If you have used the Metro smartphone app recently, you have probably seen this ad for the soon-to-open Foothill Extension of the Gold Line:
Presumably, with a ballot measure follow-up to 2008’s Measure R currently being focus grouped and prepared for its big day in November, Metro feels some need to reassure drivers that they too will benefit by agreeing to bless the local Transportation Authority with yet another long term half-cent sales tax. And here we have it: the essentially Los Angeles scene of a transit agency heralding the opening of its newest rail corridor as a boon to the region’s non-transit users.
Due to the Foothill Extension’s suburban and quasi-commuter rail routing (which adds 6 stations over 11 miles), there is an argument to be made that the intent of the campaign is to cast rail as a favorable alternative for drivers fed up with the 210 through the western San Gabriel Valley. But in terms of the new ad, it’s a weak argument. After all, assuming we accept the premise to begin with, for whom is traffic actually being eased? The drivers, of course. And that’s what’s being broadcast here. If anything, Metro is telling drivers that it’s OK to stay on the 210 because someone else will ride the Gold Line. I find it tough to look at the other “Metro Eases Traffic” images and think that the agency is even considering drivers as potential transit users.
Personally, I believe that the Gold Line extension will beat the relatively paltry 10,100 weekday riders that the FEIR predicted back in 2007 before long. But this ad campaign really speaks to the heart of a deeper issue for bus and rail riders in Los Angeles. The quality of the transit projects and the quality of transit service that can be achieved through this driver-first mindset is always going to be second rate. The projects suffer because there is an overemphasis on the potential for rail to alleviate the pressure that exists at some specific location in the road network. This emphasis, which Metro has played no small part in crafting, leads to a widespread ignorance of the fact that, as UCLA Professor Brian Taylor points out, freeways and rail lines are different technologies with disparate needs and effects. Service, which is at least as important as the infrastructure you build, suffers because the mandate to extend transit is of a secondary importance to the mobility of personal automobiles. As a result, even the heavy rail backbone of the Metrorail system sinks to abysmal frequencies of 1 train every 20+ minutes on weekday evenings immediately after rush hour ends. Metro’s buses, which we’ll discuss more in a future post, have suffered even more acutely from this mindset.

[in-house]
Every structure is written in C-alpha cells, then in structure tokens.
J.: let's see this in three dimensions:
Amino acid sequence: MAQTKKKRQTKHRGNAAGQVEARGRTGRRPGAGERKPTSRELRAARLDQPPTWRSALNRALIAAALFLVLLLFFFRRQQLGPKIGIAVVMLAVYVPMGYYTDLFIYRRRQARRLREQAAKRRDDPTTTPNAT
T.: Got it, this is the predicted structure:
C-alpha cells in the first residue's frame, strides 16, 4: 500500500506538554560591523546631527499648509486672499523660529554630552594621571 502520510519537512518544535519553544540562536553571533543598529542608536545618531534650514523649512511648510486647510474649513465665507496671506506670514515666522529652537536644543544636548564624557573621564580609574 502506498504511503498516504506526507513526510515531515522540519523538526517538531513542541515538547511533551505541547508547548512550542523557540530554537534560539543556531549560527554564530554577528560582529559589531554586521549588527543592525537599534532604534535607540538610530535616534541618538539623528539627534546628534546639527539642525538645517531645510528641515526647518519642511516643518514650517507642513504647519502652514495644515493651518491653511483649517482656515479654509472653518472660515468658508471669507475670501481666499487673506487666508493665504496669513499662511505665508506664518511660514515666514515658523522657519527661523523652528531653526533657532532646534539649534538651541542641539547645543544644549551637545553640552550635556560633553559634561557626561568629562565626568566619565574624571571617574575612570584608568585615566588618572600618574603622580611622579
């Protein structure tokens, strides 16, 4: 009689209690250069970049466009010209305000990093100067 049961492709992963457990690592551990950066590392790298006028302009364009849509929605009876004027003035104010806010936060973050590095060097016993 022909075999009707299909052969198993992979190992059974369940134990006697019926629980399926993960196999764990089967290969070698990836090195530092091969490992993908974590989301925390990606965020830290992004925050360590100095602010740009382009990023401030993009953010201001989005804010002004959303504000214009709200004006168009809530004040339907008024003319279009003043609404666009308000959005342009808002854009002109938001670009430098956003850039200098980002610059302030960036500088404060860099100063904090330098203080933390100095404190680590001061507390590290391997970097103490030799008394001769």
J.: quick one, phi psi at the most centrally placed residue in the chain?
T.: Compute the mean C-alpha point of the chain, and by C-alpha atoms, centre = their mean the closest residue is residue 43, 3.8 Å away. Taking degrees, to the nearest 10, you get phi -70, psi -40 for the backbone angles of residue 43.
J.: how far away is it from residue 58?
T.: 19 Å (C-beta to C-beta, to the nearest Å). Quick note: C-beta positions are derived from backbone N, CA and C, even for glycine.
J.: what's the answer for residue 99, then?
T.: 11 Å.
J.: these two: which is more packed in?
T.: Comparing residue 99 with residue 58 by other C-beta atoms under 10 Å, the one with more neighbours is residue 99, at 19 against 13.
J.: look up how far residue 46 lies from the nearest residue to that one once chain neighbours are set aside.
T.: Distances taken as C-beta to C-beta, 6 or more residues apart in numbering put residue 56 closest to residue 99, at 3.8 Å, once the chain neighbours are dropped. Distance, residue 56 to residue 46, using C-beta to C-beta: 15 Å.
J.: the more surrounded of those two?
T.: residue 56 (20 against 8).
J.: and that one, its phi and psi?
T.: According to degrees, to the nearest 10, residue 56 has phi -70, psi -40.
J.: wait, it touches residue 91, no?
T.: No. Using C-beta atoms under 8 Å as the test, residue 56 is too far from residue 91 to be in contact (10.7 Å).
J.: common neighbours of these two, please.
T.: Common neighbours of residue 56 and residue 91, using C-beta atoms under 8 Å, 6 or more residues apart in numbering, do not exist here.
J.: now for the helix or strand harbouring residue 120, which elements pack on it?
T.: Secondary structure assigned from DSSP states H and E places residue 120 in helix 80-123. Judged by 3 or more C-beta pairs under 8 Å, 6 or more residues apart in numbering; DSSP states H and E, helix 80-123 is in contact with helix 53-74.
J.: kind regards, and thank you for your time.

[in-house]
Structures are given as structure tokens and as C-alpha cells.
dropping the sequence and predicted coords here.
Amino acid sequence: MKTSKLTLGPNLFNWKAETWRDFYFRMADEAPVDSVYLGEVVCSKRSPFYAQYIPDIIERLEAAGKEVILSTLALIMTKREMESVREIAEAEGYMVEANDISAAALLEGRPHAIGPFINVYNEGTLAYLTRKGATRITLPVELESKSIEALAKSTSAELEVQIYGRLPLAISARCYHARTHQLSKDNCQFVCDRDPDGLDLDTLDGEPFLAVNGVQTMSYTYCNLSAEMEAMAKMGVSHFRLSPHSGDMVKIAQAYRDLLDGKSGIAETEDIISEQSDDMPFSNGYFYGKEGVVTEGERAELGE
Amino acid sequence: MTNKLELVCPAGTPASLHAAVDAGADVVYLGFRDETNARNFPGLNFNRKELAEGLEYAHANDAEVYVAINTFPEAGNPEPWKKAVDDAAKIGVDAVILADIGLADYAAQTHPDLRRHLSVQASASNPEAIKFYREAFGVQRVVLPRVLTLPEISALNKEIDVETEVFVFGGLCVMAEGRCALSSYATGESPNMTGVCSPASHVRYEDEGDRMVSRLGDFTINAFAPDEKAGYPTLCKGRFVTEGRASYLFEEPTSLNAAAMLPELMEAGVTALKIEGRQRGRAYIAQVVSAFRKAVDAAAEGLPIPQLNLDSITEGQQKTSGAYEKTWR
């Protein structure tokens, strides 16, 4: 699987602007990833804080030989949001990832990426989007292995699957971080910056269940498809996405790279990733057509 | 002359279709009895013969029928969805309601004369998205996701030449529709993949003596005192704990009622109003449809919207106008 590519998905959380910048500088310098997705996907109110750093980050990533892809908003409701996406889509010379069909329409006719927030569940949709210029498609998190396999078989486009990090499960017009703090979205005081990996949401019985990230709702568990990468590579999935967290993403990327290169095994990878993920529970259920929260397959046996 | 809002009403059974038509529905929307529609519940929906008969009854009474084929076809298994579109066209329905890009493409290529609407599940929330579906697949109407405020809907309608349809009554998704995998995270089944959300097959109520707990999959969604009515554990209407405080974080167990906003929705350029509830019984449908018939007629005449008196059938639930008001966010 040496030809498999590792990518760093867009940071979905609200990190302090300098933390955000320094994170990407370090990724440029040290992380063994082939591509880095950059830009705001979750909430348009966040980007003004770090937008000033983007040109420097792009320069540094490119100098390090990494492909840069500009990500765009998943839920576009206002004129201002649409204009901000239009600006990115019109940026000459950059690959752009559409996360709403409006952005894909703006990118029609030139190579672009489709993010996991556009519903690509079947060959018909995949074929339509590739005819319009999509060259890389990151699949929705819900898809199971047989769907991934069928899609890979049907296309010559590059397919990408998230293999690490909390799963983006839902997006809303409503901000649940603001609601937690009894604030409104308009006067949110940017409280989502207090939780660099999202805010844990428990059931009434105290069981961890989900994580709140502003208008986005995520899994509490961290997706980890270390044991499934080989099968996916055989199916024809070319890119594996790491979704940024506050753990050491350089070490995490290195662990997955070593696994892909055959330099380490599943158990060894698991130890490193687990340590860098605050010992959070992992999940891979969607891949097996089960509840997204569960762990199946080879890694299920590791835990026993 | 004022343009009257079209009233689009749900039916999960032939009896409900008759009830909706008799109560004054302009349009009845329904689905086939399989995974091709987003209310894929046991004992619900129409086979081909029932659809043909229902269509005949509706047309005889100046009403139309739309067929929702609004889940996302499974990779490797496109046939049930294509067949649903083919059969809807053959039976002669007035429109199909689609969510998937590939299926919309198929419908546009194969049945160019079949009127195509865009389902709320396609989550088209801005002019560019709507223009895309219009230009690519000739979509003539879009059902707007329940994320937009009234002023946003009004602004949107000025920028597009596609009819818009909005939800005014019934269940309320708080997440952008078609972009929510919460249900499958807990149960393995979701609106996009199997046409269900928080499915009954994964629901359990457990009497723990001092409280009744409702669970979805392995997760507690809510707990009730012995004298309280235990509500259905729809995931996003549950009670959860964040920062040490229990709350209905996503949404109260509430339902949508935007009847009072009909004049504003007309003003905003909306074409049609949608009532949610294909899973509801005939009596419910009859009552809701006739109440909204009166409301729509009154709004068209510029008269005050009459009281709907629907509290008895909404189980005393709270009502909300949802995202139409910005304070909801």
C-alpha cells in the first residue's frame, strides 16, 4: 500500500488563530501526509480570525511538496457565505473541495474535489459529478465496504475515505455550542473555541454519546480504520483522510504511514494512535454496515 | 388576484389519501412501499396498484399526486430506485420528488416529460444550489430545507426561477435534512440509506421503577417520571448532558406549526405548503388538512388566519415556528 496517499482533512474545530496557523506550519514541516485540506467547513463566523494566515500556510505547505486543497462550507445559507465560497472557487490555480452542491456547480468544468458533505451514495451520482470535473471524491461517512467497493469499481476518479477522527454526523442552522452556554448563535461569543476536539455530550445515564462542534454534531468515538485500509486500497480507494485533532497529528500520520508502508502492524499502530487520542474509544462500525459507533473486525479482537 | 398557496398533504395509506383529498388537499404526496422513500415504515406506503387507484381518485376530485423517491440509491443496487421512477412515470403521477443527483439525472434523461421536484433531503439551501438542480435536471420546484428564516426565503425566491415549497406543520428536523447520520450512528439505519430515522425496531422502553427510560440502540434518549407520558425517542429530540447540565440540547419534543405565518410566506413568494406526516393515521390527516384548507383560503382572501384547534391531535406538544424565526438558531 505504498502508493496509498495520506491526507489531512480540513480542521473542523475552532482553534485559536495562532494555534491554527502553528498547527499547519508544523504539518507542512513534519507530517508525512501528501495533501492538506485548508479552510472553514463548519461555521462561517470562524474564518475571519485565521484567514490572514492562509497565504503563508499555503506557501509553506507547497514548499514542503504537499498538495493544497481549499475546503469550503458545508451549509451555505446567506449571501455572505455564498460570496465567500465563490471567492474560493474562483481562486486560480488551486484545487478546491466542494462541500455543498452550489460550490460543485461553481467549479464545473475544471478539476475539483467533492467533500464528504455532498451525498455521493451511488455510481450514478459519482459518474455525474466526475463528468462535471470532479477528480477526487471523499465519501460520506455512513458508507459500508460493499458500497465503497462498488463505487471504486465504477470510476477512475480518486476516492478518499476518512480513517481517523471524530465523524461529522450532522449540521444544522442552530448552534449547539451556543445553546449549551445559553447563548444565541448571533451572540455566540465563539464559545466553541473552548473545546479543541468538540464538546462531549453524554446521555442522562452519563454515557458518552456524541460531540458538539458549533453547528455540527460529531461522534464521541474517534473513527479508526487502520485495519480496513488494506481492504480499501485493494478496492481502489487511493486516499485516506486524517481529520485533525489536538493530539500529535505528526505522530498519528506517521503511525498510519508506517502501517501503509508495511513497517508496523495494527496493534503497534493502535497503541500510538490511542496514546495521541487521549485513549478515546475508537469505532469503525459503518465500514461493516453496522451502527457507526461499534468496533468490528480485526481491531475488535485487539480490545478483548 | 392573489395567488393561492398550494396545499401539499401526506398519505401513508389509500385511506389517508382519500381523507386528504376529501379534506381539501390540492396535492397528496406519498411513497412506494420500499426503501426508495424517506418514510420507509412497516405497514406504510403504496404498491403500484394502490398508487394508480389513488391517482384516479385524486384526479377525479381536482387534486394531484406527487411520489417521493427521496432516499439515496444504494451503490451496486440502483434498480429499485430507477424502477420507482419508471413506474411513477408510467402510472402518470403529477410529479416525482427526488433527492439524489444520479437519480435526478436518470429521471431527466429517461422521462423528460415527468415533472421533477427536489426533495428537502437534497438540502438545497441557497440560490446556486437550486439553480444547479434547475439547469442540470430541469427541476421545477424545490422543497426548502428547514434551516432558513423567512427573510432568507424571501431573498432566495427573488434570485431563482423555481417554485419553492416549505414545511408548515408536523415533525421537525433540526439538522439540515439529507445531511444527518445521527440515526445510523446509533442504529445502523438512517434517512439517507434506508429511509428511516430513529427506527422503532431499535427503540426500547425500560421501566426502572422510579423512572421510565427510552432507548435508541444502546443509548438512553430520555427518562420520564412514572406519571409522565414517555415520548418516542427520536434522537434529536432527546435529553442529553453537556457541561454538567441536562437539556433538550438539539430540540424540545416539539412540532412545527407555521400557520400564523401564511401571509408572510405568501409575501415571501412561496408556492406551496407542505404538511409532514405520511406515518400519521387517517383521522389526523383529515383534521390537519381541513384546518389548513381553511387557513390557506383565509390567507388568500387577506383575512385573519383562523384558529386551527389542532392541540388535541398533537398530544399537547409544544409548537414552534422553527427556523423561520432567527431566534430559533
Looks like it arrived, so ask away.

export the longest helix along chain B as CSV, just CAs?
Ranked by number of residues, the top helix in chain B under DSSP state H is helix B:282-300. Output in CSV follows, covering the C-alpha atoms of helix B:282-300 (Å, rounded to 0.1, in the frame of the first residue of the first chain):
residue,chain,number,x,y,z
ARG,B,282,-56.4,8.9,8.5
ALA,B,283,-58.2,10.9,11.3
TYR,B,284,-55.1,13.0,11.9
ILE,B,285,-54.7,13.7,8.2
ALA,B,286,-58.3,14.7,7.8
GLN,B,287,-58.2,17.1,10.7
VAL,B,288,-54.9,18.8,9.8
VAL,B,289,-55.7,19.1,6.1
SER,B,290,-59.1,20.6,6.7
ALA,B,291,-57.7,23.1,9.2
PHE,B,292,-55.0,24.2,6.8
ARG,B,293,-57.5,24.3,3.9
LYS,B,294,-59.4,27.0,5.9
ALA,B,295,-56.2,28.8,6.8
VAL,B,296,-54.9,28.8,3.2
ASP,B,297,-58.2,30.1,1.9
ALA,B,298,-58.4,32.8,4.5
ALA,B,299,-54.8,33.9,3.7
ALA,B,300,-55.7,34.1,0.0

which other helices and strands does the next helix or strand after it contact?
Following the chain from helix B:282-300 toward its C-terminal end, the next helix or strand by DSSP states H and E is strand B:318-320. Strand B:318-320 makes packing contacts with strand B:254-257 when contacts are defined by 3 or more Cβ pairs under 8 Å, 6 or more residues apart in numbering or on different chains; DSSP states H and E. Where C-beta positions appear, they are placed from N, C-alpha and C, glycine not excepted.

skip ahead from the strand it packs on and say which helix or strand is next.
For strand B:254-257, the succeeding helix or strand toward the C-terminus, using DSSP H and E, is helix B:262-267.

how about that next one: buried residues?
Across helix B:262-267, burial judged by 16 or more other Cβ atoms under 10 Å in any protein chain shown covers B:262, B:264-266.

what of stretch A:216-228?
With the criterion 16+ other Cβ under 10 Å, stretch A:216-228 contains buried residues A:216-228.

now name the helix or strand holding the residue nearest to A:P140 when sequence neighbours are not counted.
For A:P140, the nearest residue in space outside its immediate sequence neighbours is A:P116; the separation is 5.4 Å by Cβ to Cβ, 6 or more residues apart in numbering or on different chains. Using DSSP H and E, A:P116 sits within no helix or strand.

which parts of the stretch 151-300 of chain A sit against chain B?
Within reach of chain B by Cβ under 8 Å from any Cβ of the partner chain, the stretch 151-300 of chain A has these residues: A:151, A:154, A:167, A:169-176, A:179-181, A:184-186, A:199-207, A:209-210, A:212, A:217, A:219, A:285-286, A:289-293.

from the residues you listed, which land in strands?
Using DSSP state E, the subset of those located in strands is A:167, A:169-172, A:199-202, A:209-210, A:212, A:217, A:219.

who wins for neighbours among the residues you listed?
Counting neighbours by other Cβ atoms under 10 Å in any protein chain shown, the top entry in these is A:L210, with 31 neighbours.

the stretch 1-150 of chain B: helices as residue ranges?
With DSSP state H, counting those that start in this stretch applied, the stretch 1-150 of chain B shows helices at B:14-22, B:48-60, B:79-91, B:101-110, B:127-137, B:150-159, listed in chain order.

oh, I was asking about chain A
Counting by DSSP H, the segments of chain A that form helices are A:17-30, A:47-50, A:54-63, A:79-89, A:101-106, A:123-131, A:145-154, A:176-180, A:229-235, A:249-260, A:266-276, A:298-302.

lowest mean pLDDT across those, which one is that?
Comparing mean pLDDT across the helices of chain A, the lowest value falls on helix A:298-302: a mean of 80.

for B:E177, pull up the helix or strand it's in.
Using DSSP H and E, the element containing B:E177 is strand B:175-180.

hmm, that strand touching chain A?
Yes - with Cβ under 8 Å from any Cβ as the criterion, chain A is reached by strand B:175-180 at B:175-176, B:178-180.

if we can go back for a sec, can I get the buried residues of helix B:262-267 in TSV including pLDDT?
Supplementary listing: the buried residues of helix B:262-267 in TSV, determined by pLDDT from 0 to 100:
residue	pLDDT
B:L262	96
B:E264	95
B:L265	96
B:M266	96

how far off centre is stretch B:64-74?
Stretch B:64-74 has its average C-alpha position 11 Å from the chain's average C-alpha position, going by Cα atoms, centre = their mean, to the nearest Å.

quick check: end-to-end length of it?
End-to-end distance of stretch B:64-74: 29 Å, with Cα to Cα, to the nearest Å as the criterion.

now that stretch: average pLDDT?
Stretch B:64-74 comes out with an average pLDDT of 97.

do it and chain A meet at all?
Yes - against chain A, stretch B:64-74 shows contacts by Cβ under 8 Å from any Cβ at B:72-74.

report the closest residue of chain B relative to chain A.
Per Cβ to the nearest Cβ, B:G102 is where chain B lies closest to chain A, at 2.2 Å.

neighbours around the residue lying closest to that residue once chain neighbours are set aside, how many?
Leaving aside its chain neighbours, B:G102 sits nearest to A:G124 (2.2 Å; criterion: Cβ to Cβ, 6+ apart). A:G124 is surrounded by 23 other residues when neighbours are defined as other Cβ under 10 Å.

Once the expectation has been set that “traffic easing” is an acceptable basis which to judge the success of transit, it is an inevitability that headlines like this will pop up. There is an inherent risk to continuing to court voter support along these lines. Public confidence is not a function of what an agency promises, but of what it shows itself capable of delivering. It is a difficult capital to rebuild. So is Metro really serving itself by suggesting that the mere presence of a rail line running parallel to the 210 is going to cause a world of difference for car commuters in the west SGV? I tend to doubt it. In reality, the only way to achieve the goal of an easier commute is not by pandering to the whims of drivers, but by creating an efficient and well-served transit network focused on creating and empowering riders.